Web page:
11.11.2015

The Great Challenge for Our Times

https://griid.files.wordpress.com/2012/05/picture-34.pngGentrification has been in the news a lot lately among the intelligentsia.  I liked but didn't love this recent article in The Atlantic called "In Defense of Gentrification."  It is absolutely true that displacement is rarer than people think, that improving a neighborhood or public school is a huge plus for the long-timers that do stay put, and that an influx of new investment/residents/activity in an area has positive implications for a city and school district as a whole.  It is unfortunate that we cry foul about gentrification - either for or against - without delving deeper into what is obviously a much more nuanced and complex dynamic.  And it is sad that we say we desire socio-economic diversity and yet get so riled up when rich people want to move into a poor neighborhood or vice versa. 

But what is equally true is that, for a variety of reasons, we are becoming a more socio-economically polarized society, and that the poorest among us are getting poorer (in resources) and weaker (in influence).  And how we respond to this should matter, whether we are rich or poor, free-market or socialist. 

Now, we can and ought to disagree about what actually to do.  You know that I am a fairly cold-blooded capitalist who is leery of the efficacy of top-down public sector action.  Hopefully even the most pro-government person around understands - conceptually and in the real world - that trying to do good through government mechanisms is fraught with all kinds of unintended consequences.  But a completely laissez-faire approach doesn't do much better.  The whole social justice movement is predicated on the belief, which I assume everyone would agree is true, that those who have been systematically denied of power will always get screwed, either consciously or unconsciously, by everyone else.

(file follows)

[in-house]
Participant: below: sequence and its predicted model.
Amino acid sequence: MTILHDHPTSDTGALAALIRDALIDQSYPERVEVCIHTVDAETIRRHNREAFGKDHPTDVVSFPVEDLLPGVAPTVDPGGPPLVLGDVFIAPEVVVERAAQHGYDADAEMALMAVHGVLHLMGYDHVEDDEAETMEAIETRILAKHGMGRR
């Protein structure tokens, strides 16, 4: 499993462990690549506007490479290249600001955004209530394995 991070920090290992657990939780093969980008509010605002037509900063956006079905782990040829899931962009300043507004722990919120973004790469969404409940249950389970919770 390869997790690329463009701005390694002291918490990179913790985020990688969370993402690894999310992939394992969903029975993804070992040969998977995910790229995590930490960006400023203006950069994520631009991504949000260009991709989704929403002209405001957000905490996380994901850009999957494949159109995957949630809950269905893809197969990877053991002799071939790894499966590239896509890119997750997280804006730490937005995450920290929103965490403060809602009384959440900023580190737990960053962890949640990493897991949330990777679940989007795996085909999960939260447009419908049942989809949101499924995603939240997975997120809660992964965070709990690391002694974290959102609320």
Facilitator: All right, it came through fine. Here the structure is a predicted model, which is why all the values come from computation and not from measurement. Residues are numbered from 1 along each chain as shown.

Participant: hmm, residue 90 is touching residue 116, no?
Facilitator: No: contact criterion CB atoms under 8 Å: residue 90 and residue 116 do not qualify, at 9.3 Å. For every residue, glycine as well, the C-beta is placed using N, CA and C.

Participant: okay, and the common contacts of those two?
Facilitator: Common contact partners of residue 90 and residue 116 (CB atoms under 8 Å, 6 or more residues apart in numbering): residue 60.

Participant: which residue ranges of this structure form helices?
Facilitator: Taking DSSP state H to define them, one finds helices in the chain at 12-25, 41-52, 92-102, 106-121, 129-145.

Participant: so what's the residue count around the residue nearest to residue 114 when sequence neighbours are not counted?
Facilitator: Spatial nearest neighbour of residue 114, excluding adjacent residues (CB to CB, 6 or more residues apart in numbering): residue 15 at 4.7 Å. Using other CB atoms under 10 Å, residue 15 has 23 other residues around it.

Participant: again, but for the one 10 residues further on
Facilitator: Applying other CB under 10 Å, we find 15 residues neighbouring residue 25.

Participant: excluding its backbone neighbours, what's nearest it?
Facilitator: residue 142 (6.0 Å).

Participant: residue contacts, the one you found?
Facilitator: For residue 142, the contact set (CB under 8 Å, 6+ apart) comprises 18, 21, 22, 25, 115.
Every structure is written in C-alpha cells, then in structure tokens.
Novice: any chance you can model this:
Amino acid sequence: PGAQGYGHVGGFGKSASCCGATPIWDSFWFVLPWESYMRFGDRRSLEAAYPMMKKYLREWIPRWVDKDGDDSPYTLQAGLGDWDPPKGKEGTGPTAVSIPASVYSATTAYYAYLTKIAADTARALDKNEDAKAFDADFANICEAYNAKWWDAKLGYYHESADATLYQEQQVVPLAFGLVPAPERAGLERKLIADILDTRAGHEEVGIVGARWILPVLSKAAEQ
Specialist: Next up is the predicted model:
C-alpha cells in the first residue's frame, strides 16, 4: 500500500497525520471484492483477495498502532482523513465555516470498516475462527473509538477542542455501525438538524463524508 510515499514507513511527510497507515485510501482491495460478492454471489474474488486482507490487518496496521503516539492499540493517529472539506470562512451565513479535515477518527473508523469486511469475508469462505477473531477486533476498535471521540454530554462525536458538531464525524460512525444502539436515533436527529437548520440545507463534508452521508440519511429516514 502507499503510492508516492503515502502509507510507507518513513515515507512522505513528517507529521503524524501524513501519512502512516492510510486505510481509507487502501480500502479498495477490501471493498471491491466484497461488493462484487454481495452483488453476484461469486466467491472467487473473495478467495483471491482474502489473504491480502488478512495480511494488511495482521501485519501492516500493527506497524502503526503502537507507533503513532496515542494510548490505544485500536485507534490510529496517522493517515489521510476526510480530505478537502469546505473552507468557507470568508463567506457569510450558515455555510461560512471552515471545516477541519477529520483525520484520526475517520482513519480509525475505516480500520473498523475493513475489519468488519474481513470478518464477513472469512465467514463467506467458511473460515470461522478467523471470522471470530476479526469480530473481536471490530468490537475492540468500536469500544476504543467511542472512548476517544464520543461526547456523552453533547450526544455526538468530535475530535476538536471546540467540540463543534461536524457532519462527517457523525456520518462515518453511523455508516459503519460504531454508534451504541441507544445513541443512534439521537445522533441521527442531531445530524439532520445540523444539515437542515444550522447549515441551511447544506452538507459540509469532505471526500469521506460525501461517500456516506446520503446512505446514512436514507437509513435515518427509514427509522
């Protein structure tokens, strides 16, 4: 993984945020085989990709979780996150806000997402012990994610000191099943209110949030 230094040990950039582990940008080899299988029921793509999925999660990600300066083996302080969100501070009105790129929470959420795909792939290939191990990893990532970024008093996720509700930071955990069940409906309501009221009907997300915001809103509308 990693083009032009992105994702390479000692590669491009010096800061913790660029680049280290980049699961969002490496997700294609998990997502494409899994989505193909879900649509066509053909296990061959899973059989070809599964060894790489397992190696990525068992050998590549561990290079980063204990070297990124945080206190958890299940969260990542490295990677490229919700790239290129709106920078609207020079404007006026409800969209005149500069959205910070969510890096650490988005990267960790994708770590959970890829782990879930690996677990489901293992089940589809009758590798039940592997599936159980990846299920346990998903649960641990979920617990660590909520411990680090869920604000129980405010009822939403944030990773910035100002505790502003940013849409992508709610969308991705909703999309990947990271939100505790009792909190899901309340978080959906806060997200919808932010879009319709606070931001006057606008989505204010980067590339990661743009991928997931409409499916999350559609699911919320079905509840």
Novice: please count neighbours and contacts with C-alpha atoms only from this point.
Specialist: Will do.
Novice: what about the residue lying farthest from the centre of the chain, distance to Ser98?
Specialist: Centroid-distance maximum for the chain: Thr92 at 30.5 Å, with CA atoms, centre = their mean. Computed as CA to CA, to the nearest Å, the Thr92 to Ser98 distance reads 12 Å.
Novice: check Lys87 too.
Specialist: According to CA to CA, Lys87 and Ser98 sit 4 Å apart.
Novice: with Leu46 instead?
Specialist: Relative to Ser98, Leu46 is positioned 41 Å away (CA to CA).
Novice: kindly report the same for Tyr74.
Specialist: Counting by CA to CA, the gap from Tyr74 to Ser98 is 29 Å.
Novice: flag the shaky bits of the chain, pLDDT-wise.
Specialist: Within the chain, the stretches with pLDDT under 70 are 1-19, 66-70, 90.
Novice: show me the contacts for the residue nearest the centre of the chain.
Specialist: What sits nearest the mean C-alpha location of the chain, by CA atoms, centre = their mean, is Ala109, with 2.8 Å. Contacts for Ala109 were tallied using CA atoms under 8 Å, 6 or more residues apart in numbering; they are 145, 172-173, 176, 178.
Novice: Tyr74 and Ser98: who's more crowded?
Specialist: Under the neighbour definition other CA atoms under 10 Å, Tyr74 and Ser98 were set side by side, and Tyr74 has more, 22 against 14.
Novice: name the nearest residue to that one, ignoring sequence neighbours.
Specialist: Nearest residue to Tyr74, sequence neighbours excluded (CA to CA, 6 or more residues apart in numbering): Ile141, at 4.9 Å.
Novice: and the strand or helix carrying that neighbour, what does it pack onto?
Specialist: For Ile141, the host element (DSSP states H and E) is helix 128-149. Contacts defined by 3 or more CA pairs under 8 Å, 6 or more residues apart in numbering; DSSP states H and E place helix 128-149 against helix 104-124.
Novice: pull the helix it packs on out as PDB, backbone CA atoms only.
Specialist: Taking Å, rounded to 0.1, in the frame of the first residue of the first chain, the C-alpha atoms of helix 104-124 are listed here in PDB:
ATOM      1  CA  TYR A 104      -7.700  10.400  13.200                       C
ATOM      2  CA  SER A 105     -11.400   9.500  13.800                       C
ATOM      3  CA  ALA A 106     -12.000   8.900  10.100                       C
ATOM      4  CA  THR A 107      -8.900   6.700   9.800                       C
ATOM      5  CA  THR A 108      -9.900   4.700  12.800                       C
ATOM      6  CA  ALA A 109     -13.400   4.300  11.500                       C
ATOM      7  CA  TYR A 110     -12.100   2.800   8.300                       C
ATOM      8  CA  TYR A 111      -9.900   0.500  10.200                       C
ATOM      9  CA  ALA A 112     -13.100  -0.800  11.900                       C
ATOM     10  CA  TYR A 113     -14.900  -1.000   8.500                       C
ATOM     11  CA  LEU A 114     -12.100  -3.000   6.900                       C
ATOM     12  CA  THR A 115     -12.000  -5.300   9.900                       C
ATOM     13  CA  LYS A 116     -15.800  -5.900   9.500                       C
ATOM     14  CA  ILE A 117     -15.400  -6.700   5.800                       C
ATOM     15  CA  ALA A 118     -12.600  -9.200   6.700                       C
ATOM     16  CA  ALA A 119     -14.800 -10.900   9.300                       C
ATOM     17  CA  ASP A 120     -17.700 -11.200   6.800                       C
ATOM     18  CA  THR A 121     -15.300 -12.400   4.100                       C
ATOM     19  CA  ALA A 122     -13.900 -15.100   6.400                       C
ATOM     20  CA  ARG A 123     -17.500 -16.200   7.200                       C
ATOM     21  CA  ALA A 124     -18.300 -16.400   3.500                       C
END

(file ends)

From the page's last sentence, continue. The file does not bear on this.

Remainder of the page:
So there you have it.  We need to act decisively and intentionally in order to do right by the poorest and most marginalized among us, but actually doing so in ways that are even remotely positive (let alone hugely transformational) is far easier said than done in the day to day.  This is quite the challenge for our times.
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